Chapters eight & nine

Summary: Chapter eight, Part 1

The story returns to after Lydia’s death. Pretending to teach a canceled summer class, James finds comfort with Louisa. At home, he continues to be hard on Nathan, and the two get in a fight. Officer Fiske delivers the news that the police have ruled Lydia’s death a suicide and have closed the investigation. Marilyn believes the police have given up because Lydia is non-white. James thinks Marilyn’s comments mean Marilyn regrets their marriage. James tells Louisa he should have married her, someone more like him. 

Nathan secretly calls the police to share his suspicions about Jack, but the police dismiss his concerns. Marilyn hides out in Lydia’s room and Nathan in his room. Hannah looks through the small items she has stolen from her family in the hopes they will come looking for them. Hannah thinks Nathan is wrong about Jack, and she recalls an event at the lake the previous summer when Jack sat down to talk to Lydia. Nathan got out of the water and sat between them to protect Lydia. When a droplet of water fell from Nathan’s head onto Jack’s hand, Hannah observed Jack quietly touch his tongue to the droplet. This made her understand that Jack is in love with Nathan.

Summary: Chapter eight, Part 2

In Lydia’s room, Marilyn thinks about her conversation with James. She realizes that on their wedding day, James must have overheard Marilyn tell someone that her mother thought she should marry someone more like her. Marilyn wants to tell James she would marry him again and that Lydia’s death is not his fault. But that night James doesn’t come home. The next day Marilyn goes looking for him at his office and finds he’s not there. The following day when James still hasn’t returned home, Nathan suggests she check with Louisa. Marilyn drives to Louisa’s apartment, and Louisa pretends James is not there. However, Marilyn knows better and asks Louisa to tell her husband that she will see him at home.

Summary: Chapter nine, Part 1

In the time leading up to her death, Lydia spends time with Jack, just talking. She tells Jack about her life, and Jack asks questions about Nathan. He also starts teaching Lydia to drive. Nathan continues to monitor Lydia’s activities, sure that Jack is taking advantage of her. But the siblings never talk about Lydia’s new friendship. At home, Lydia’s parents continue to put pressure on her to study and be social. When Nathan receives another letter from Harvard, Lydia tries to keep it from him by ripping it in half. Nathan catches her doing this and tells her angrily that he can’t wait to leave home.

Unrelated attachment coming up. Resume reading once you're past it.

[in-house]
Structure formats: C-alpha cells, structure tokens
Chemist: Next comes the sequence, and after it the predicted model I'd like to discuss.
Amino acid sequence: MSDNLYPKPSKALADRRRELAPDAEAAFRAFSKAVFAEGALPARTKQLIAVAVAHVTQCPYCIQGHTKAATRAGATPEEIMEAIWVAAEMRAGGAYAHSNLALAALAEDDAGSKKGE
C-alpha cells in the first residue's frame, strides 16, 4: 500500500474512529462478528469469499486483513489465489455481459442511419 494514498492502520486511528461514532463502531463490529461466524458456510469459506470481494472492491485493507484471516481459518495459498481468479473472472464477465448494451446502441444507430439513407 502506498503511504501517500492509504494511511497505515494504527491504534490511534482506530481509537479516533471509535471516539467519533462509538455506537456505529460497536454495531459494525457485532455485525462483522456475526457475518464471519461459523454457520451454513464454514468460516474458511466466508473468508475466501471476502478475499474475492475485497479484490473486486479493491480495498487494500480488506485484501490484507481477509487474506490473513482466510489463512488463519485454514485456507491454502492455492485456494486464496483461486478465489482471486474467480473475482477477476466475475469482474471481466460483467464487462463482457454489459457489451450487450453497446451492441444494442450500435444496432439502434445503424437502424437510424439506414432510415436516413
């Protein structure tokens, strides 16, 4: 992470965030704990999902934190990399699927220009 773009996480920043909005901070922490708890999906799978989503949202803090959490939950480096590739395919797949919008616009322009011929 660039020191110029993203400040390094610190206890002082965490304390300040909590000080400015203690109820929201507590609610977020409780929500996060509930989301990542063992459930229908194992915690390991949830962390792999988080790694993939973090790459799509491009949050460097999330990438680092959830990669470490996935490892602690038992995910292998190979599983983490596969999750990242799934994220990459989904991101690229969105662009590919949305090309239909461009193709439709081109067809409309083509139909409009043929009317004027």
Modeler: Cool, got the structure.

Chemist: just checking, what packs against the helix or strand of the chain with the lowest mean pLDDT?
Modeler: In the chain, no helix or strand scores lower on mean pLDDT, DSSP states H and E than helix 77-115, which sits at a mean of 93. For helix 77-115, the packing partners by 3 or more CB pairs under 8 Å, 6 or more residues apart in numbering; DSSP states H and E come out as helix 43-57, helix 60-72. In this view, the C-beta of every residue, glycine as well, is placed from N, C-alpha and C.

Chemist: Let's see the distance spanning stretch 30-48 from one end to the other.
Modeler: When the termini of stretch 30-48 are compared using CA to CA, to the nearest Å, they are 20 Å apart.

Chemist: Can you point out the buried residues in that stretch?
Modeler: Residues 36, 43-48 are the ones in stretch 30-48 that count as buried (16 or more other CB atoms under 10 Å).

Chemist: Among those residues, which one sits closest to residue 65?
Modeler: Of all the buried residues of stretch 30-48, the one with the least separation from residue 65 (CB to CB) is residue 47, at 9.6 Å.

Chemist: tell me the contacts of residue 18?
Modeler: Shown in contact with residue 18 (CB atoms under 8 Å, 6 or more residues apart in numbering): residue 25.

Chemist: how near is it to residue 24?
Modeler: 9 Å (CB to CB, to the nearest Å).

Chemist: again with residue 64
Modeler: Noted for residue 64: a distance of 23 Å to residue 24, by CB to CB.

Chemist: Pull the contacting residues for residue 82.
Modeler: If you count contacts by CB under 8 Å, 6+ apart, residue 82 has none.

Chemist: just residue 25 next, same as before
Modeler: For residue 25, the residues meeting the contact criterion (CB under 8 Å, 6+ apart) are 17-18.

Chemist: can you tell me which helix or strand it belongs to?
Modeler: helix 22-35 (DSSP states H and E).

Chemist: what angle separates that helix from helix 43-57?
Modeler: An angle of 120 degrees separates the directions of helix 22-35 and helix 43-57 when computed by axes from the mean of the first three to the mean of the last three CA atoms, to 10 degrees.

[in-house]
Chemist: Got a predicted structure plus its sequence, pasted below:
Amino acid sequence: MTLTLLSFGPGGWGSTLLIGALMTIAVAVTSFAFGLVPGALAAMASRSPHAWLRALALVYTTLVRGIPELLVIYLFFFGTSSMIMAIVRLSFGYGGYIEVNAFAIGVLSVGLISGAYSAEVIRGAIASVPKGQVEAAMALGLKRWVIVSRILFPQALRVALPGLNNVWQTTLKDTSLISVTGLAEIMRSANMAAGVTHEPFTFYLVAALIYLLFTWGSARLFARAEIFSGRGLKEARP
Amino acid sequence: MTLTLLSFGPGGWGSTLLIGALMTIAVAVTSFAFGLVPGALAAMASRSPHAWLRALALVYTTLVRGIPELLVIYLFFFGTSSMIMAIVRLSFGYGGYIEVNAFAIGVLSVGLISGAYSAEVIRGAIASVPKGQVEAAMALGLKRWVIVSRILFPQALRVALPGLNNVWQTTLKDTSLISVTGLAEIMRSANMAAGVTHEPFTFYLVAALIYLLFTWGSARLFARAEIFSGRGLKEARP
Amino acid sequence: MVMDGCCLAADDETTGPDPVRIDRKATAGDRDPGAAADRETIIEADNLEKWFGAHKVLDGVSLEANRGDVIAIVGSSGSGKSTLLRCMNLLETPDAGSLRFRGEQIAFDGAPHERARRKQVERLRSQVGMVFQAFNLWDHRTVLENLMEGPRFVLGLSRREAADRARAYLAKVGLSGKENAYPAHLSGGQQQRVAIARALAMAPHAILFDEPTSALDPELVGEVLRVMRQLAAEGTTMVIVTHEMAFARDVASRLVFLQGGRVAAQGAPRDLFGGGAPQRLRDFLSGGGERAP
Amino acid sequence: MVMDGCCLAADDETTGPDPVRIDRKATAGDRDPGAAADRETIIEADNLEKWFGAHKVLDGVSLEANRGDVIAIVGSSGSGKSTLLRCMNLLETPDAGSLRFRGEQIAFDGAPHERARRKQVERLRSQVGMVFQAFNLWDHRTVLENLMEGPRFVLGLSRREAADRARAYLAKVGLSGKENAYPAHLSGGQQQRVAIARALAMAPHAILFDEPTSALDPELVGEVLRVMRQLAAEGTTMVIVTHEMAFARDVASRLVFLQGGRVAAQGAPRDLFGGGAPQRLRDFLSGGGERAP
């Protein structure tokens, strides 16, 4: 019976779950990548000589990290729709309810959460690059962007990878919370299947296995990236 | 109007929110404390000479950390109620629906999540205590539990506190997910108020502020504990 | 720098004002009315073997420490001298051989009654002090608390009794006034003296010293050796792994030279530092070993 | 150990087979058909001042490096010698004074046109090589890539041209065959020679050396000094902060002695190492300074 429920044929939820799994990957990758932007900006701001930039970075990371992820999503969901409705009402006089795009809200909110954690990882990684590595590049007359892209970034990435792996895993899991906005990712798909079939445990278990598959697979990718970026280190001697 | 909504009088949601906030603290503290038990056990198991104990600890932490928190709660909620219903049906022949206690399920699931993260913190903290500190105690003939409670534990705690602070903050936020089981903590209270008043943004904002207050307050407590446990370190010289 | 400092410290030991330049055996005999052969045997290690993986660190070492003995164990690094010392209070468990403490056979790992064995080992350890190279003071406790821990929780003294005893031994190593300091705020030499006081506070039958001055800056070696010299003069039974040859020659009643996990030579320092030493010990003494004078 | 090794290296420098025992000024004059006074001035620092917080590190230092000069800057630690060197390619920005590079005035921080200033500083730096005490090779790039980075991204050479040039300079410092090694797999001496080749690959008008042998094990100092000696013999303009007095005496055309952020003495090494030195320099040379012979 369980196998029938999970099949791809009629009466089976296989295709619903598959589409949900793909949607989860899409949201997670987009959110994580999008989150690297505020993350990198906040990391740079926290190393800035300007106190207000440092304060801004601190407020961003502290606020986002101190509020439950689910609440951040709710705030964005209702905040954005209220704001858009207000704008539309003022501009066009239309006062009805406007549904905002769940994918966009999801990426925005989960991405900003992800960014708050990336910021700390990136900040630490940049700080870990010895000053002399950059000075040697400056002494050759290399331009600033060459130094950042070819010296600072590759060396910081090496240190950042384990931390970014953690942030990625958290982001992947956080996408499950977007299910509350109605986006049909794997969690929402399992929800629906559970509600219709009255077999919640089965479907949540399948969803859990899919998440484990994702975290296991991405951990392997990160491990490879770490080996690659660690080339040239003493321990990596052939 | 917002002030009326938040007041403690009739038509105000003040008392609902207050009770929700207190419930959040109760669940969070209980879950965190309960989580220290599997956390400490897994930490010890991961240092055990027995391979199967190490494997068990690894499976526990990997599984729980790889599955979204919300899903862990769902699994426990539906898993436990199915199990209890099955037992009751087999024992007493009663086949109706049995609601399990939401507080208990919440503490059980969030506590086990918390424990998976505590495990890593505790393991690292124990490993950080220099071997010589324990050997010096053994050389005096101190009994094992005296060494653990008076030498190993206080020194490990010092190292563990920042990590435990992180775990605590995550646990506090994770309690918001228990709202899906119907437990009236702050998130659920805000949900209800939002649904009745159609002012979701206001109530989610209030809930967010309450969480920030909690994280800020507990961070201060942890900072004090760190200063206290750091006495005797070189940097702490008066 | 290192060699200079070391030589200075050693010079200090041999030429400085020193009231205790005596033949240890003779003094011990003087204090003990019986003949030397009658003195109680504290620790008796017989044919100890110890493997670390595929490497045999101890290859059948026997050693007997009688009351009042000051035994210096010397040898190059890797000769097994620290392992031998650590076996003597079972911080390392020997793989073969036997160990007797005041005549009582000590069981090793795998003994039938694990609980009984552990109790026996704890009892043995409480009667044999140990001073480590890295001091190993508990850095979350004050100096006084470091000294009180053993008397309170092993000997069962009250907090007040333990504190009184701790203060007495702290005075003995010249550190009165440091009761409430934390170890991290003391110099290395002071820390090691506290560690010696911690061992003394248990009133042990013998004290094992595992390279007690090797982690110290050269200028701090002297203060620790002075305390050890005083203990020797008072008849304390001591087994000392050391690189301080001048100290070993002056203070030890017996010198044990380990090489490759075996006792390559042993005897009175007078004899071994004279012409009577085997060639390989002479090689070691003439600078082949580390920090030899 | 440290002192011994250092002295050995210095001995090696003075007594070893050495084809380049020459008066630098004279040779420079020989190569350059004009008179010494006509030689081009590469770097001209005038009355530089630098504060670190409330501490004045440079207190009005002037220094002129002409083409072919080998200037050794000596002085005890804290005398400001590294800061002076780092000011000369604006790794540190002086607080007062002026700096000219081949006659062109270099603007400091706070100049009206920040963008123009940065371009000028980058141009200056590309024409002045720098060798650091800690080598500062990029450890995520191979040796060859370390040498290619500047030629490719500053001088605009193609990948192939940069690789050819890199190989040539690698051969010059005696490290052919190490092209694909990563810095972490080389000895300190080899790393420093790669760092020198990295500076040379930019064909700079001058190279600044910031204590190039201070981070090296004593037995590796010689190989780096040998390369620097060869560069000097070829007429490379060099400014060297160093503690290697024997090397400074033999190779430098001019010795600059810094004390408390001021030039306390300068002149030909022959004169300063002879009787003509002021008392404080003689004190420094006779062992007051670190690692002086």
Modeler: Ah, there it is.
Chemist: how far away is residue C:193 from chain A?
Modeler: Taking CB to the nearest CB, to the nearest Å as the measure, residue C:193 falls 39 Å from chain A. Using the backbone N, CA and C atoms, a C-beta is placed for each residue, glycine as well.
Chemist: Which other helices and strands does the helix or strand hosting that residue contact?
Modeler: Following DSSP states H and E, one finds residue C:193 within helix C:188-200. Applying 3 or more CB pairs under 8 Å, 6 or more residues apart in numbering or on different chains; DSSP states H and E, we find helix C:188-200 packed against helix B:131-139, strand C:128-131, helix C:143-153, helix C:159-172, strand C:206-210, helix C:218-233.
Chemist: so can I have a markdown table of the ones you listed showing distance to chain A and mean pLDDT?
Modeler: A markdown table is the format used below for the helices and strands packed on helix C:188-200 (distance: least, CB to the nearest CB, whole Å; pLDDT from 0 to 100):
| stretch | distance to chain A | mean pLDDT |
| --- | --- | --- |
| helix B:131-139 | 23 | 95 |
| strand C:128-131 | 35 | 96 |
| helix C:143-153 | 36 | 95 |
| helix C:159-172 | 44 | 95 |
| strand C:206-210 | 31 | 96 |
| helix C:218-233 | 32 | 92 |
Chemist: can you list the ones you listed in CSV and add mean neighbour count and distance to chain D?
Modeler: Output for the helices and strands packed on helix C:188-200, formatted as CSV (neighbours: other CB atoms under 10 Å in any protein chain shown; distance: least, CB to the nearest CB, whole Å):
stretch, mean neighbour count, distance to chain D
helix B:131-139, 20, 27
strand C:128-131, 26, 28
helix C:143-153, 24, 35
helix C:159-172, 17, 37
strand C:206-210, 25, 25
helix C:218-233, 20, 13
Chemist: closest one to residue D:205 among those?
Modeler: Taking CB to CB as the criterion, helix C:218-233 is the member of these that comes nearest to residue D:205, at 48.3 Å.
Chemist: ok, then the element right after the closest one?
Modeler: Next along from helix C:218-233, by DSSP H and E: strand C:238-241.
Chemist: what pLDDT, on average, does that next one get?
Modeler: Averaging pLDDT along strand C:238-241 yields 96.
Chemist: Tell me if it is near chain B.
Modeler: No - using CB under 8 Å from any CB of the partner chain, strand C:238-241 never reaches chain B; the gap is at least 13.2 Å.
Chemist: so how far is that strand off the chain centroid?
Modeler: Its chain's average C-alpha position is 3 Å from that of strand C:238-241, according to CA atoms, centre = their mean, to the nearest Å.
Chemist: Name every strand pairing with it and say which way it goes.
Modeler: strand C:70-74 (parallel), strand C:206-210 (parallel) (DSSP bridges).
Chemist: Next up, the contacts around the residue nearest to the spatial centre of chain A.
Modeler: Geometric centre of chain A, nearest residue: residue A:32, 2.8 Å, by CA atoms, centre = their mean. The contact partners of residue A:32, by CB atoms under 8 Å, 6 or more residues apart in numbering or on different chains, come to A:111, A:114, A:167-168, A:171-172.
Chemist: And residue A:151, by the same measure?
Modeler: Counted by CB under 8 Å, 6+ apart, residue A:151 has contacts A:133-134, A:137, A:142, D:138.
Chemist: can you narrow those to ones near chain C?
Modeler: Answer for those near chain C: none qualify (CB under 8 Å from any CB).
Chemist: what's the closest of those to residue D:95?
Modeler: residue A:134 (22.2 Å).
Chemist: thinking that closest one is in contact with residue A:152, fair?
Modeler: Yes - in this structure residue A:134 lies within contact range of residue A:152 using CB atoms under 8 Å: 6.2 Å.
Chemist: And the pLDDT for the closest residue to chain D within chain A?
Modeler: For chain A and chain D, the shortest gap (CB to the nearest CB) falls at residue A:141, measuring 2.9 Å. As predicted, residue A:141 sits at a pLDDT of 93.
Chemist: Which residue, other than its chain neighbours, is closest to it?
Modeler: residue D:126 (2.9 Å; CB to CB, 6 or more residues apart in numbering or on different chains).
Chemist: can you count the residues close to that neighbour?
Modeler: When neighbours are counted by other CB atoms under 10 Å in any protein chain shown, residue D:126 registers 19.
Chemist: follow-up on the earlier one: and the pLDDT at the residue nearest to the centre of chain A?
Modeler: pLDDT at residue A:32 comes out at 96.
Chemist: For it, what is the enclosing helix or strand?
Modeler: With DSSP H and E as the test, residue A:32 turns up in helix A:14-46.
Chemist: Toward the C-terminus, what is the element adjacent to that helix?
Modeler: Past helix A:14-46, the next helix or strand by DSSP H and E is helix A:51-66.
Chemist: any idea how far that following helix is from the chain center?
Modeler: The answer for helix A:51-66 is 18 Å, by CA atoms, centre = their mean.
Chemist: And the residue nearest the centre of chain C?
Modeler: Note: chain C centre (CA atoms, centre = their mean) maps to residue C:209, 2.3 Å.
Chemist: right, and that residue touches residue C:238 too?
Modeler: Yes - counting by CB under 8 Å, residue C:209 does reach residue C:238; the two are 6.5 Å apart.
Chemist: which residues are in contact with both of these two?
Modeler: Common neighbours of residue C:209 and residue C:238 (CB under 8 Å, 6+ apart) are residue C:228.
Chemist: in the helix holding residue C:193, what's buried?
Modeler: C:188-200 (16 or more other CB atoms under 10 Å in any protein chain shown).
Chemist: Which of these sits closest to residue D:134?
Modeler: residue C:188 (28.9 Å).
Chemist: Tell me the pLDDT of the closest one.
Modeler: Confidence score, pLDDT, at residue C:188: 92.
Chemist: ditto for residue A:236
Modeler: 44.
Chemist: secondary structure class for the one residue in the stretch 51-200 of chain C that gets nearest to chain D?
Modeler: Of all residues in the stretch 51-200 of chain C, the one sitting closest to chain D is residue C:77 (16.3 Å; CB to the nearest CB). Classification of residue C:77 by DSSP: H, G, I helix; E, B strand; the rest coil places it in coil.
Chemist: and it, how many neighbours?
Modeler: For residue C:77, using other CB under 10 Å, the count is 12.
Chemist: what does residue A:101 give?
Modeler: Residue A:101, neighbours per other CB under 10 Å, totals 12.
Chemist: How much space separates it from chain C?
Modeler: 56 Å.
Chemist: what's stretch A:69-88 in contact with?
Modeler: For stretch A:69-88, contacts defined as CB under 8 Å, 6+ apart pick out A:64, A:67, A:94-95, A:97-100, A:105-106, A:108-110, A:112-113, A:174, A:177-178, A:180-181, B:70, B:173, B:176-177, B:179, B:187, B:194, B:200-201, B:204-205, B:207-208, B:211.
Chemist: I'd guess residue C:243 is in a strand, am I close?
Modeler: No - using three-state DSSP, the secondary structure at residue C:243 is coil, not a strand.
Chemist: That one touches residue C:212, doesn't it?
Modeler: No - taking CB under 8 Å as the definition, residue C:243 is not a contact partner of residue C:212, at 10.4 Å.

Sensing Lydia’s sadness, James gives Lydia an early birthday present of a heart locket that Louisa helped him pick out. At first, Lydia feels happy to get a real present. But her happiness disappears when she sees the photos inside of herself dressed up for a ninth-grade school dance. James hopes the photos will remind Lydia of the importance of friendship and love, but the photos only serve to put more pressure on Lydia to fit in when she doesn’t.

Summary: Chapter nine, Part 2

James and Louisa take Lydia to get her driver’s permit. In the car, Lydia notices the affectionate way that Louisa touches James and concludes that Louisa is sleeping with her father, which makes her angry. Upset, Lydia fails her driver’s permit test. Lydia worries she will never be able to get away from her parents. At home, Hannah happily helps Marilyn decorate a birthday cake for Lydia that is also meant to celebrate Lydia getting her driver’s permit. When Lydia gets home, she announces that she failed her test. Hannah knows the reason Lydia failed is that she didn’t study. Hannah had stolen Lydia’s driver’s handbook a while back, and Lydia never came looking for it. In her room, an angry Lydia yanks off her new locket and hides it under her bed. But during the birthday dinner, Lydia smiles. No one notices the smile is fake except Hannah, who is aware of her sister’s dangerous transformation.

Analysis: Chapters eight & nine

These chapters demonstrate Lydia’s desperation to expand her life beyond the suffocating walls of the Lee family home. Lydia tries to do so with Jack, who is similar to her in that everyone believes they know him, but no one truly does. Jack's attempts to teach Lydia how to drive are unsuccessful, symbolizing the difficulty she faces when trying to break free of the limitations her parents have set for her. If being able to drive represents Lydia’s chance for freedom, then failing her permit test represents being stuck in a role that is slowly crushing her. Her friendship with Jack, and his willingness to simply listen to what Lydia has to say, is worth more than any of the guidance that her parents have given her. In a story where silences form walls between characters, their friendship is like an open gate, albeit one that Lydia cannot fully pass through. 

James's relationship with Louisa is another example of a character grasping at something that cannot be found within the confines of the Lee family. In sleeping with Louisa, James takes a step away from the idealized American life that he has always craved. Louisa provides James with a temporary respite from a belief that haunts him: that Lydia's life, and its attendant tragic ending, would not have occurred if he hadn't been so intent on marrying a white woman. James finds a kind of safety with Louisa, but that safety doesn't solve his problems or assuage his guilt. Like Marilyn's sojourn, it is a retreat from the life he has created for himself, but that life still exists. The draw of family, as fraught as it is, is inexorable. Both James and Marilyn feel the need to step away from their lives for a while and consider what other paths they might have taken, before coming back to their painful reality.